Cady Huffman: If you raise more than 100 percent of the money, which will be Max's job to satisfy many little old ladies, to get them to write checks, that if it's a big enough flop, then nobody will ever know that you raised more than a hundred percent of the money. Cause it'll just close and it'll go away. 

So all Bialystock and Bloom needed to do was find a guaranteed shitshow. 

Cady Huffman: So they started their big search for the worst musical ever. And, you know, piles of scripts everywhere. Finally, they find a script called Springtime for Hitler. Well, that's gotta be a flop. 

Clip [The Producers]: Springtime for Hitler and Germany. Winter for Poland and France...

Naturally, it’s material that would be so offensive that the show couldn’t possibly last past intermission. The audience would revolt. And all that little old lady investor money would be Bialystock and Bloom’s.


Cady Huffman: It becomes a huge hit. 

The audience thought the whole production was brilliant satire. I mean, how could they not? Hilter was played by an effeminate homosexual.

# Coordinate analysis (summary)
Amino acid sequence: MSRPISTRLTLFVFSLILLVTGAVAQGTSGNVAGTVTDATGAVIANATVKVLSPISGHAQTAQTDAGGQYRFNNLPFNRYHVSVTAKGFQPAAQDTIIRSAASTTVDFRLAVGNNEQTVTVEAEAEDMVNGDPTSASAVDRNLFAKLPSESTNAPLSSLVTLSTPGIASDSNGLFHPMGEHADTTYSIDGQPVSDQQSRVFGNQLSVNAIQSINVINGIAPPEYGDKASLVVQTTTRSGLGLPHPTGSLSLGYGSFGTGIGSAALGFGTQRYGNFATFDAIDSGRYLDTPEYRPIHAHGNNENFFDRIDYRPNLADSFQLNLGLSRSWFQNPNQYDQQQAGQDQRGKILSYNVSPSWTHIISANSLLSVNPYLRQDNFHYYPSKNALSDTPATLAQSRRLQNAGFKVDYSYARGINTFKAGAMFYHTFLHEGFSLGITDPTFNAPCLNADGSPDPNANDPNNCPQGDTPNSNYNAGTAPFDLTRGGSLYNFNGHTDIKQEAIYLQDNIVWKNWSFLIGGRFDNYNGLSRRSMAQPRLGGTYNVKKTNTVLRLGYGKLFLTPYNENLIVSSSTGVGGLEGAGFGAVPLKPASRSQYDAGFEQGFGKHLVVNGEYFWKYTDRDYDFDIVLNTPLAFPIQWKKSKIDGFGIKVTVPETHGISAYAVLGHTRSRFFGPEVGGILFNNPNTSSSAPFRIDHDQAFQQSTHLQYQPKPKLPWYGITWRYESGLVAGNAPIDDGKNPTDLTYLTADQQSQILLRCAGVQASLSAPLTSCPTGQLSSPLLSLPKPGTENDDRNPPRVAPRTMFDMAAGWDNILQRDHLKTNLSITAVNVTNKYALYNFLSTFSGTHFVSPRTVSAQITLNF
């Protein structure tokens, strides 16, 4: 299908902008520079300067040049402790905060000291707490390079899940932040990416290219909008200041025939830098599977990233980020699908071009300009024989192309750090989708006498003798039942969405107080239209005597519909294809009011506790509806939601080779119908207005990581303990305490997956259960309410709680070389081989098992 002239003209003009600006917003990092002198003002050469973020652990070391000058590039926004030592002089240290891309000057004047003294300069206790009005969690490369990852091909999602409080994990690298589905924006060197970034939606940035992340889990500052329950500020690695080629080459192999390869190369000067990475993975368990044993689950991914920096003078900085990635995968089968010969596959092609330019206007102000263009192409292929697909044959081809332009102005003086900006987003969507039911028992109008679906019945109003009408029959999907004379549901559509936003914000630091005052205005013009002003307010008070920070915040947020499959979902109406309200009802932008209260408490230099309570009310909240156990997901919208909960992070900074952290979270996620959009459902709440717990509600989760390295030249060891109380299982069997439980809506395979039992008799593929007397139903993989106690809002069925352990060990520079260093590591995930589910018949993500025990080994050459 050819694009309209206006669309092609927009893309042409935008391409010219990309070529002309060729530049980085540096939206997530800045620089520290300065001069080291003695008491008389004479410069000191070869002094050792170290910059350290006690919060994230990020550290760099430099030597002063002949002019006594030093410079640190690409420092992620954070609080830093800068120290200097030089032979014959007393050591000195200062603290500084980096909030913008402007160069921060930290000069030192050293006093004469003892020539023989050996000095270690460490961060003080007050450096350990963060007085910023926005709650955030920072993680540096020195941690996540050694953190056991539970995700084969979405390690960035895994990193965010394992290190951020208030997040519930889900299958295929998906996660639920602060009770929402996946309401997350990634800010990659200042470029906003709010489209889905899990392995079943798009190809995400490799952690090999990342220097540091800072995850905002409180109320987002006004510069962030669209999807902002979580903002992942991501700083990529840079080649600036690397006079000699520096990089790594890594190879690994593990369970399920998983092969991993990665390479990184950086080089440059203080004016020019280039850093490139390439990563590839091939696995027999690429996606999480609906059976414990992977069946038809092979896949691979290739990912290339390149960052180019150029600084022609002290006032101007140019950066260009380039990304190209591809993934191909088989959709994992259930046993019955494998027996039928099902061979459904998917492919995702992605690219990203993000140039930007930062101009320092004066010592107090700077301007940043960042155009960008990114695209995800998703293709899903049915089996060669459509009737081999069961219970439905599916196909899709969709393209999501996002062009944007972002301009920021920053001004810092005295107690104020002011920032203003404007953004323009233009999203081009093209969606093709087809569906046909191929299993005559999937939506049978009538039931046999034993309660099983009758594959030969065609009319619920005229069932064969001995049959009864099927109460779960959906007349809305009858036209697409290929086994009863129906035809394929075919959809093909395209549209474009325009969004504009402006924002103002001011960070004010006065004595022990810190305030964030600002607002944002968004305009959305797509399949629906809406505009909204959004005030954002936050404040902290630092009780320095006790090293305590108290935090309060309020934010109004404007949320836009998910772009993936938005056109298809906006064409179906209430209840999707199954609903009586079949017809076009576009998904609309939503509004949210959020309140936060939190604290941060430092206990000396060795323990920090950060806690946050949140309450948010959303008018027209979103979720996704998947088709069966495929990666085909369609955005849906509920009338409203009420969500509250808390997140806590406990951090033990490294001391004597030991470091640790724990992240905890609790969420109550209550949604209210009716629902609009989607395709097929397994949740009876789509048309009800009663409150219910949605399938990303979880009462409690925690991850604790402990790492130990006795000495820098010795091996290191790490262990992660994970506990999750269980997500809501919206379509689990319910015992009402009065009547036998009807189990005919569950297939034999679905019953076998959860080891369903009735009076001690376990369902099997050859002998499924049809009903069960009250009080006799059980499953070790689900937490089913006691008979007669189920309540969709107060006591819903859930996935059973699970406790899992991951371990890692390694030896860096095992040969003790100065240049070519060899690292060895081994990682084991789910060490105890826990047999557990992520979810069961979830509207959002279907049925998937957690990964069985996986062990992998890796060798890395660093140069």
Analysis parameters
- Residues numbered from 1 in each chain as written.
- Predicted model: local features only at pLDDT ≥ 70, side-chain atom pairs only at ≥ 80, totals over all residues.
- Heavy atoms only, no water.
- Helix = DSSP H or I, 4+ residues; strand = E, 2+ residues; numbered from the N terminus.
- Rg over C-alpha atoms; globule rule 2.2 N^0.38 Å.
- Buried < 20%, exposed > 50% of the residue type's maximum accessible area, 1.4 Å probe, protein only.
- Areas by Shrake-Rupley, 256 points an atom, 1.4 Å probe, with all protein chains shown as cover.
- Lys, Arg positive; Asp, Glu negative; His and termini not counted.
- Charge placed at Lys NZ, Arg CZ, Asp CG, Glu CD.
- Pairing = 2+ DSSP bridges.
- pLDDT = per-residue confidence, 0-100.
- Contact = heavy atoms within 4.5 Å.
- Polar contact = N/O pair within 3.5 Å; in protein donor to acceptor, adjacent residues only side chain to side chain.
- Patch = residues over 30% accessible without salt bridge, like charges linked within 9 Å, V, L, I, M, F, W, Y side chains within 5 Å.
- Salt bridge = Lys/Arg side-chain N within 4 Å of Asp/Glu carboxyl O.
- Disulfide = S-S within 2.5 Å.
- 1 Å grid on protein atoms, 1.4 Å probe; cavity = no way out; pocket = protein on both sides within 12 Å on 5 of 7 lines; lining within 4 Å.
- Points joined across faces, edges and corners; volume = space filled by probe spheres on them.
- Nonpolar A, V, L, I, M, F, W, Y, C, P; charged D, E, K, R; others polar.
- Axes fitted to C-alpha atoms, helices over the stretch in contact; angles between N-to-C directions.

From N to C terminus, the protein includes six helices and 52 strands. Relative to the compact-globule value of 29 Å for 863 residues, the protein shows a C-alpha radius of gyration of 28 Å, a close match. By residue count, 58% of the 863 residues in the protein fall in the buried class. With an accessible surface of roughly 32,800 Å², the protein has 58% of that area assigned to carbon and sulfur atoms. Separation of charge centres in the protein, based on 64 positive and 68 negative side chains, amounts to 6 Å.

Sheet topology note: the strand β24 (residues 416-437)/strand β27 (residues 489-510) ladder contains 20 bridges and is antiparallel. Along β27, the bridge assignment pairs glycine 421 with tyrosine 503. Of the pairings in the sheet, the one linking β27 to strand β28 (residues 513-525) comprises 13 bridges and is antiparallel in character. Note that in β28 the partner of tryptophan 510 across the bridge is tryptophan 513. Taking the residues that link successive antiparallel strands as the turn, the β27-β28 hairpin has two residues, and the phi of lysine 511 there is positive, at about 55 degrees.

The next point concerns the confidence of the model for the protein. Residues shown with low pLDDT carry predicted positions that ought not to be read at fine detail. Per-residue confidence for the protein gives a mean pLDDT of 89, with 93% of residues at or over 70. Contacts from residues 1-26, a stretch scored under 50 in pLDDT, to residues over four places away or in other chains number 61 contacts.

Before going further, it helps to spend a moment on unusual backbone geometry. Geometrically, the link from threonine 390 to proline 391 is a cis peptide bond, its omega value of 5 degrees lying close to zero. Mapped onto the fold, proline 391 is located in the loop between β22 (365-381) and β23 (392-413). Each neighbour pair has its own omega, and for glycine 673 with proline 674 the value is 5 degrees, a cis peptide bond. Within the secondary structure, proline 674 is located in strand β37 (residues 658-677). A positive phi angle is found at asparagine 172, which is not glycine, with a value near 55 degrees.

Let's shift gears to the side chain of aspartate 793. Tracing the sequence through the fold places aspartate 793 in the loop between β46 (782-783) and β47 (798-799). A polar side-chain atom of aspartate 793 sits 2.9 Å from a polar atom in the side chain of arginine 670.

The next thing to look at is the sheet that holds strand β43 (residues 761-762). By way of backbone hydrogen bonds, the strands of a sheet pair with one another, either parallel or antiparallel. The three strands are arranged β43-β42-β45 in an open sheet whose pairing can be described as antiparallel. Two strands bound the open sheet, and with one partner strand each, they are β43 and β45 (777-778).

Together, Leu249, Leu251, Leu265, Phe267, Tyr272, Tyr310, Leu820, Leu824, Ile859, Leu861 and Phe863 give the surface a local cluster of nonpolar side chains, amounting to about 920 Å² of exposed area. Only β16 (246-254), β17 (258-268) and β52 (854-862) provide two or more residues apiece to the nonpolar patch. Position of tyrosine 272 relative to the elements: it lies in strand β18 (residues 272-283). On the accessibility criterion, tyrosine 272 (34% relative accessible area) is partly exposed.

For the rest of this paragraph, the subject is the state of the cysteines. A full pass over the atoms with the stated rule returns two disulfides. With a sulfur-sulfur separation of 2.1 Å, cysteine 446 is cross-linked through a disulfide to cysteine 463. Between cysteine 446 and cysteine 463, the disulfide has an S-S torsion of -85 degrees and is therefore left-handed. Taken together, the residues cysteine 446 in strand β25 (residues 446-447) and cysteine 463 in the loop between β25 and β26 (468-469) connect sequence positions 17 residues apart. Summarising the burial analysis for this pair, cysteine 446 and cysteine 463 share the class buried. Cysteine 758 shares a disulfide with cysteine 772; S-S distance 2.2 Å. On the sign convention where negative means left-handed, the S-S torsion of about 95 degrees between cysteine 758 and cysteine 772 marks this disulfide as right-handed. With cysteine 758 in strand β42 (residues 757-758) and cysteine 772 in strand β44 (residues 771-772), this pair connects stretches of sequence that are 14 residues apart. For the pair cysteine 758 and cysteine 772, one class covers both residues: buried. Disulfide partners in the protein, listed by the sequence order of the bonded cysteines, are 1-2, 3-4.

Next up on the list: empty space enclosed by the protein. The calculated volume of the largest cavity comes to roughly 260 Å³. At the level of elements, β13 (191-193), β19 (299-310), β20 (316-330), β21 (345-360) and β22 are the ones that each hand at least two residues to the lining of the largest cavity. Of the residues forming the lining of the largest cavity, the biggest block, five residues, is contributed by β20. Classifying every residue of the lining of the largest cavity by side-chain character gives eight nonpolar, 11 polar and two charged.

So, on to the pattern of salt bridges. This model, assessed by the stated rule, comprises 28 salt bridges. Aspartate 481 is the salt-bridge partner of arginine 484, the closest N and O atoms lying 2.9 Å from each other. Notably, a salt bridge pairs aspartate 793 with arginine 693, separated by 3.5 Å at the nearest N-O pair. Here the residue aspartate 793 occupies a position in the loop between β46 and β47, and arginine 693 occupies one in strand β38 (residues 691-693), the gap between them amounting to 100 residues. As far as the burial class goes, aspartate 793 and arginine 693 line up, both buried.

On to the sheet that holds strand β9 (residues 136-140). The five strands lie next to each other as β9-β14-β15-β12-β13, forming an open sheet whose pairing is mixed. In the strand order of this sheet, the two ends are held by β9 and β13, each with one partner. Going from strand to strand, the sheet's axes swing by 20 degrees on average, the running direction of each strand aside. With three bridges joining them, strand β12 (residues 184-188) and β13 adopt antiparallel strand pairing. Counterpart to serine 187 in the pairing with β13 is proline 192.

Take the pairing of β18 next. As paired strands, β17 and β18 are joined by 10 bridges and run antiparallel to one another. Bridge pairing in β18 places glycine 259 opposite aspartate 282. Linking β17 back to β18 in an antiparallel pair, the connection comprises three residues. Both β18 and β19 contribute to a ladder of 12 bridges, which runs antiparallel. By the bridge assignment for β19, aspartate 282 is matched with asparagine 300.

Clip [The Producers]: Heil myself! Watch my show. I’m the German Ethel Merman dontcha know!

Cady Huffman: So now, they're in trouble because they were trying to make the worst show in the world and they made a huge hit. So now, of course, none of their backers are getting paid back and suddenly Max is left in jail. 

Obviously not how that scheme was supposed to go. Bialystock and Bloom had an accidental hit and their investors expected to get paid. 

Now, I bring up “The Producers,” one because it’s an excellent show and you should totally see it. But two because there is this way in which Garth Drabinsky was a little like Max Bialystock. He was a larger than life character, he employed some creative accounting tactics and he was utterly convinced that his schemes would work. 

Plus, they were both keeping two sets of books. 

Clip [The Producers]: Hey, Sarge look at this./What?/I found these two accounting books. This one says “Show to the IRS.”/And what’s the other one say?/”Never show to the IRS.”

Oh mam, you can’t make this stuff up. So many similarities. But unlike Bialystock who banked on a flop, Drabinsky was convinced that Livent was a hit factory. Here’s Prof. Steven Chaikelson: